1. Sorry for the grammatical mistakes…I tried to write this quickly before getting off another meeting. Little Johnny’s pinching again and his mom thinks he’s an angel that does no wrong!!-B.L.Heyward

  15. yes and no —
    the people who illegally take music for their own use would not be buying it anyway
    that is NOT PIRACY !!!!! just theft – bad but not like the labels claim.

    someone elses music.
    those are the true crooks and should be put in jail

    it is unclear if sales would go up or down or stay flat if the illegal downloading/trading of music were to be stopped.
    it cant be. technology has changed the game.
    so reprice music so it will sell and stop trying to gouge consumers like the big labels used to do.
    technology has allowed every pimple faced stoner to start his own band and produce his own music at home for his weekly allowance
    (or just not doing weed for a month)
    that provides a humongous OVERSUPPLY while DEMAND IS DOWN which means that the amount people will pay is way down over a decade ago.
    sales are also down because the music has no value nowadays due to
    todays music being 99.9999% pure crap. maybe 99.9999999%

    it is a wonderment that anybody bothers to even “steal” it
    let alone waste time listening to it.

  16. I was a software engineer for many years and those of us that write code have the same problem, how to get plaid for our efforts. While I think the software industry has done a better job, the problem still exists and I expect it always will. Taking something without the owner’s permission is stealing and most people think stealing is wrong. The term “Piracy” is part of the problem. It brings up images of the buccaneer stealing from the rich. It should be referred to as music theft. Stealing is stealing.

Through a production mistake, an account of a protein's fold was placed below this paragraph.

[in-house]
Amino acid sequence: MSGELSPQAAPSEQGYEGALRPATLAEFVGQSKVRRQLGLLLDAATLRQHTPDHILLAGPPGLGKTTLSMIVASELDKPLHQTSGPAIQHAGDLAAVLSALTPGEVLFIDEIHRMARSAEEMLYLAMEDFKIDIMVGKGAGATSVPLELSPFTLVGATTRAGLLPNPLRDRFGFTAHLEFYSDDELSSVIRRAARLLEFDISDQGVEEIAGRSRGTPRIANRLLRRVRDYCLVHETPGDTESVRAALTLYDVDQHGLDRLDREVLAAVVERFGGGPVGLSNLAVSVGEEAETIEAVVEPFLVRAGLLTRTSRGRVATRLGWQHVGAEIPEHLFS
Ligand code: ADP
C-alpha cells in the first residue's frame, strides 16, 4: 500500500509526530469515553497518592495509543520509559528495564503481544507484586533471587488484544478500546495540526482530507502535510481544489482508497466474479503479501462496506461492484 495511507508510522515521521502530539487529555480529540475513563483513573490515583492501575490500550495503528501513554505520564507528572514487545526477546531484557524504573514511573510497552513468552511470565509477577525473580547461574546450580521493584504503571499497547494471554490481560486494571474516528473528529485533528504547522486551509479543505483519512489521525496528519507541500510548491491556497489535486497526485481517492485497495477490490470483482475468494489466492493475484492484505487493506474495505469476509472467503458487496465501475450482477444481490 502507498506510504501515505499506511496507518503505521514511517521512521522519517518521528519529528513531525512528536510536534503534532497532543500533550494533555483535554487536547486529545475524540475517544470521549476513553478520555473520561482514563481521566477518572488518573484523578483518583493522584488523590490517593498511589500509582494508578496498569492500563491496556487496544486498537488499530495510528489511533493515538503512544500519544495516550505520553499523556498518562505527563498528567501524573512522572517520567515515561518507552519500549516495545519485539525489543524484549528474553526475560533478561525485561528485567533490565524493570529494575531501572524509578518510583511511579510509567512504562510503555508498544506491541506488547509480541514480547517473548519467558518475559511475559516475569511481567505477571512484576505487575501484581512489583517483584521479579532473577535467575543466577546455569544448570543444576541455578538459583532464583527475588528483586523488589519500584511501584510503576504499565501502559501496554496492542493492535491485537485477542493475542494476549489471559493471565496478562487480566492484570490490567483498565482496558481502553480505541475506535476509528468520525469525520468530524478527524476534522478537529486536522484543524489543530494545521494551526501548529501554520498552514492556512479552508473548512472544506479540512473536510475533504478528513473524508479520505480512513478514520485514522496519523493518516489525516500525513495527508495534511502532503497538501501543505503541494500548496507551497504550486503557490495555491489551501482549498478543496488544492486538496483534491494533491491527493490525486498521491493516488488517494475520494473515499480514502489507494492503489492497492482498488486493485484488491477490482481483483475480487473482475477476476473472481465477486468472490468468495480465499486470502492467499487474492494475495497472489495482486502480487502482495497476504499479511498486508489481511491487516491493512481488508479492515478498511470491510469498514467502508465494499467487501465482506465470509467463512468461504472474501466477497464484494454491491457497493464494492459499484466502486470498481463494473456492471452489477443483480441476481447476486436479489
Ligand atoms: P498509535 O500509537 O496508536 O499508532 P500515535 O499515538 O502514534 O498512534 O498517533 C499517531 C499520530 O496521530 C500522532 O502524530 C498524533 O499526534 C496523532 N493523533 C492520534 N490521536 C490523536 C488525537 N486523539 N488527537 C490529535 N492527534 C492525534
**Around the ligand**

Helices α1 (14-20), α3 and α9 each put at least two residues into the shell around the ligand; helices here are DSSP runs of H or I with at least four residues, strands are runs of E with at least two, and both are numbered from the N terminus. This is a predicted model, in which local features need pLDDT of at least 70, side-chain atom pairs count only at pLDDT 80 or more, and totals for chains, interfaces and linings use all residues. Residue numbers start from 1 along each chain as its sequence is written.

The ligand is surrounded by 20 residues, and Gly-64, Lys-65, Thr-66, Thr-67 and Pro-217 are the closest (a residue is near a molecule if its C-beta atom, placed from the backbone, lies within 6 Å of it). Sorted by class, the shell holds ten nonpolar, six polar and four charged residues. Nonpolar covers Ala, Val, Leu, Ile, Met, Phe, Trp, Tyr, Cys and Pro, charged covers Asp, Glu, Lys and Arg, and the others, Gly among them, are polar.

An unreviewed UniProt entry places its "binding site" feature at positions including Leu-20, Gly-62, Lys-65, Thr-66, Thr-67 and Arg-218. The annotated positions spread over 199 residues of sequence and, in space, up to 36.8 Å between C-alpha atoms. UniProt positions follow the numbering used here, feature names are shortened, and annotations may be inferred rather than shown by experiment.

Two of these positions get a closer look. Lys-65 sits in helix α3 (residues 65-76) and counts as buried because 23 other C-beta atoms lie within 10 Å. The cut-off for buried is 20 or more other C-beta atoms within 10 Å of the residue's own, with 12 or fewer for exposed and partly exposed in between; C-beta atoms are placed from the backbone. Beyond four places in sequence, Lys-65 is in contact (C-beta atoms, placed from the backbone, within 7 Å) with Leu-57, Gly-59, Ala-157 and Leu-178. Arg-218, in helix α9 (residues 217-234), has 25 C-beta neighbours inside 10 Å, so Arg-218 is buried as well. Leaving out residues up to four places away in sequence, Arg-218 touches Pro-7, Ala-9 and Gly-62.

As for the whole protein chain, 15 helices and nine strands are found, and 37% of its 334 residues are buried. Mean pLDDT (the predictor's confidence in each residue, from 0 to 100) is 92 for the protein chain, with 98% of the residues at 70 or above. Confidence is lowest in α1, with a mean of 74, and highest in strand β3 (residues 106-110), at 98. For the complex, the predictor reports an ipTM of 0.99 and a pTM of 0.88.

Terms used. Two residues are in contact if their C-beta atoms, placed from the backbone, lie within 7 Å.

17. I’m so tired of musicians calling their fans thieves. Get over yourselves. Music consumers have listened to the radio for free for years. Of course there are ads on radio for a revenue stream. Please start thinking of the downloading like radio play. We as artists need to be creative and think of a new way to create a revenue stream for ourselves. You can’t download a T-shirt or a live performance. Did that fan pay admission to your show? He thought enough of the music to show up for your concert. Why didn’t you hand him a free bumper sticker or some other promotional item? You had an opertunity to create a life long fan. I hope you didn’t insult him.

  18. I agree piracy is a problem, but in a way this problem was created by the music industry. Too many new bands hungry to ‘get their name out there’ freely give everyone their music. True, sending free CDs etc to reviewers, promoters, etc is the way to get your name out there, but giving it all away to everyone is not the way to run a business. This freely giving to people has caused the ‘I can just take it’ mentality that has lead to the surge of piracy.